Tenant screening may seem like a routine task but some tenant screening pitfalls can cause serious problems over time. Here are five things you should be watching for:
1. The first tenant screening pitfall is when landlords have a policy of only running tenant checks on the applicants that they don’t feel completely confident about. Other candidates, who seem like a sure bet, are off the hook. If you follow that policy, not only do you you risk being duped by a fast-talking problem tenant, but you could be accused of discrimination, if you are inadvertently applying a profile when deciding which tenants you trust — and which you don’t.
2. When there are going to be multiple occupants, including couples, don’t just run tenant checks on the “lead” tenant. Bad tenants who can’t get a lease in their own name may have no choice but to move in with someone else. All too often, problem tenants sneak into an apartment and lay low for a while. But think about what would happen if this bad tenant harms someone, or ends up in the unit alone? That’s why it’s crucial to screen each adult occupant.
3. Not using a rental application form leads to a number of problems. Without the information in this important landlord form, you will not be able to effectively screen this applicant, or manage the property. The rental application is the road map a collector needs to find a tenant who skips out. It contains the contact information you will need in case of an emergency. It also provides the authorization required to run a tenant background check.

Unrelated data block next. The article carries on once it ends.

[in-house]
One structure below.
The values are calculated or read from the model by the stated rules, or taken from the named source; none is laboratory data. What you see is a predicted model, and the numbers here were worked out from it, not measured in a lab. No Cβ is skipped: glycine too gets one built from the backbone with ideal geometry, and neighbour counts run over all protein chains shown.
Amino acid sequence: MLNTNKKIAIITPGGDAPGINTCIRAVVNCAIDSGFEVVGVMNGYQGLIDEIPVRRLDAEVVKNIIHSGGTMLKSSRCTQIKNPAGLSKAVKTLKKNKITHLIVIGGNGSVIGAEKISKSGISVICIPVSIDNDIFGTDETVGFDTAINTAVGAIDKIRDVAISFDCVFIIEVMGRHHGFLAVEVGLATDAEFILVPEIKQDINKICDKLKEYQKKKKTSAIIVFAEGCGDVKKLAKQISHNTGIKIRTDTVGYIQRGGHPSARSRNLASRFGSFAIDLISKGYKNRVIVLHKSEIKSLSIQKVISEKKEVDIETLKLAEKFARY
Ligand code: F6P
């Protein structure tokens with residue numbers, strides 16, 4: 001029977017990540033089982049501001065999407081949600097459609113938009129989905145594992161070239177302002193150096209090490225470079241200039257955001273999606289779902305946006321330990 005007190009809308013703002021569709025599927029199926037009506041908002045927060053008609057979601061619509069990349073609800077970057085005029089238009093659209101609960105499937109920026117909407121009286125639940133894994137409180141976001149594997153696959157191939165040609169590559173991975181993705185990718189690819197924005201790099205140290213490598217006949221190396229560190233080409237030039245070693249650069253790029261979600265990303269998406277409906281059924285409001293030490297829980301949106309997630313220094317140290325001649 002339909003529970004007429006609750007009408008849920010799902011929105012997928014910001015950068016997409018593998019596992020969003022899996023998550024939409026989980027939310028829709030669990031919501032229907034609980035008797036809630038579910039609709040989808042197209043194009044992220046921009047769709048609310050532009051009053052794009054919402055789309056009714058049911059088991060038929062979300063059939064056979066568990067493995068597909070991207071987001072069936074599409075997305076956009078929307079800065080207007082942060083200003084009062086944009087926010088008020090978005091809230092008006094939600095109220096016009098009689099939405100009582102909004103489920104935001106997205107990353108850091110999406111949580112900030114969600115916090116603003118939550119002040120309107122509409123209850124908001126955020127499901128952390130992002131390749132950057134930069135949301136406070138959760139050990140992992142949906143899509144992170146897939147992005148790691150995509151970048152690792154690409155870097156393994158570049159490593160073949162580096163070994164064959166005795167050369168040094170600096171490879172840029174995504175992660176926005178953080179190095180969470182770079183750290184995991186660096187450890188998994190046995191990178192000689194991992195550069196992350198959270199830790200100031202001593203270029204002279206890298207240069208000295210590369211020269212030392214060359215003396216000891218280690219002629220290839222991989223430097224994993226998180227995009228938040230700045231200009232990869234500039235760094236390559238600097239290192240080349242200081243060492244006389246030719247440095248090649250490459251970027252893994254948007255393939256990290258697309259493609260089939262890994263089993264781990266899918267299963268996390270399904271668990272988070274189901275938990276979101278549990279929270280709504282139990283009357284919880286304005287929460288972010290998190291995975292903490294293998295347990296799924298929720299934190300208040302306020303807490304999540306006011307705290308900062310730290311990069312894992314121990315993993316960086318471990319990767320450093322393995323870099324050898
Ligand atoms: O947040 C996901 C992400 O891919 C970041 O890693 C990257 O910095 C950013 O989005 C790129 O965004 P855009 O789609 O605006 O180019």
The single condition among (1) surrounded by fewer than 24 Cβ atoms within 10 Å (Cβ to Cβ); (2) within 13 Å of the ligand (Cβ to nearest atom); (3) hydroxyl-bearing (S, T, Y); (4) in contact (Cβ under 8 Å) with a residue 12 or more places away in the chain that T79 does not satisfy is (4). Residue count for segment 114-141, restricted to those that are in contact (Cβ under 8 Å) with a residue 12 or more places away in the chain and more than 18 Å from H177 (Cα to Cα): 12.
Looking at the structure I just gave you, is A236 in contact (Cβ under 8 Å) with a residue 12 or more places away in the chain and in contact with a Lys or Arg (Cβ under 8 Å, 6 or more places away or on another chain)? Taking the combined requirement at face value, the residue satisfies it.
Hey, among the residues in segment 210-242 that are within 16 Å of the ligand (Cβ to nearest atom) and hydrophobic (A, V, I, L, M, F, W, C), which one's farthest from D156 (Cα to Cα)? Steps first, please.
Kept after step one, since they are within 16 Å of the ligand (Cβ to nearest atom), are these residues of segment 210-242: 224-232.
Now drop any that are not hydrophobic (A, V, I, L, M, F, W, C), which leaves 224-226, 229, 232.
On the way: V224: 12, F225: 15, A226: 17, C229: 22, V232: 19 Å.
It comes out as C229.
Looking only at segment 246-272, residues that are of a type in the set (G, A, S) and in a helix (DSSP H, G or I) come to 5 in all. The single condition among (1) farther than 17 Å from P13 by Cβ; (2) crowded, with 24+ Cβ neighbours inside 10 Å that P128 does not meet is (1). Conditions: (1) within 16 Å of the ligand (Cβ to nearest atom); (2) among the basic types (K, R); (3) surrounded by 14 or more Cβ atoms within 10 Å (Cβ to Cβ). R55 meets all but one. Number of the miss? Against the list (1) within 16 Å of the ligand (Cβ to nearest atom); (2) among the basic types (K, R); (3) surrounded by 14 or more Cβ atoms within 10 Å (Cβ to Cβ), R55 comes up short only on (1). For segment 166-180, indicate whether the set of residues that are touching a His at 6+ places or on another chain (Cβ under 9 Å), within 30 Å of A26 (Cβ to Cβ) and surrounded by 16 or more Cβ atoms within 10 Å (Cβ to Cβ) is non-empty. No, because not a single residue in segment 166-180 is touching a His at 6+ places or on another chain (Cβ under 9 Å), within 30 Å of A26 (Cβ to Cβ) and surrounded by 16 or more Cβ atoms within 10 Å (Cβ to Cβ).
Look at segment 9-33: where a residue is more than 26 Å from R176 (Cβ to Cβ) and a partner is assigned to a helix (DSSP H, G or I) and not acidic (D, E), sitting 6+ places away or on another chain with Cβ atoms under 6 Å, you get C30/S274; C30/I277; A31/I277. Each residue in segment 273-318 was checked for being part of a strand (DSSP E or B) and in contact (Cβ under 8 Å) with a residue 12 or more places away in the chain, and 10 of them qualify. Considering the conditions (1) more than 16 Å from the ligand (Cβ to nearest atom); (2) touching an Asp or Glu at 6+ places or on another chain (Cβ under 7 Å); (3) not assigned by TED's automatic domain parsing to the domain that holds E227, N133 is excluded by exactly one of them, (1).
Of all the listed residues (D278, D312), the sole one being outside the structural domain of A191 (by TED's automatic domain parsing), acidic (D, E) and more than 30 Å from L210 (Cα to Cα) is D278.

4. Relying on a credit check alone. Without a doubt, tenant credit is a vital part of screening. However, it alone may not reveal significant issues with this rental applicant. You owe it to yourself, your other tenants, and your neighboring property owners to check for criminal history on each applicant — before that dangerous pattern is repeated. Eviction reports can tip you off that you are about to offer your property to a problem tenant. Using each of these reports and others, in conjunction with one another, is the best way to get a feel for this rental applicant’s qualifications, and to eliminate the risk of possible liabilities down the road.
And the 5th tenant screening pitfall is:
Dumping bad candidates early on not only saves time, but it makes it easier to screen tenants. Start with a sign or ad that has some specifics in it so you are not working with a candidate who doesn’t know whether they can afford the rent. Use a checklist of questions to ask prospects on the phone before you agree to give them a tour. Ask the same questions of every prospect. If the applicant can’t afford the unit, or has other issues, say “no thanks” and move on. That way, the candidates that make to the final cut are more likely to be qualified.
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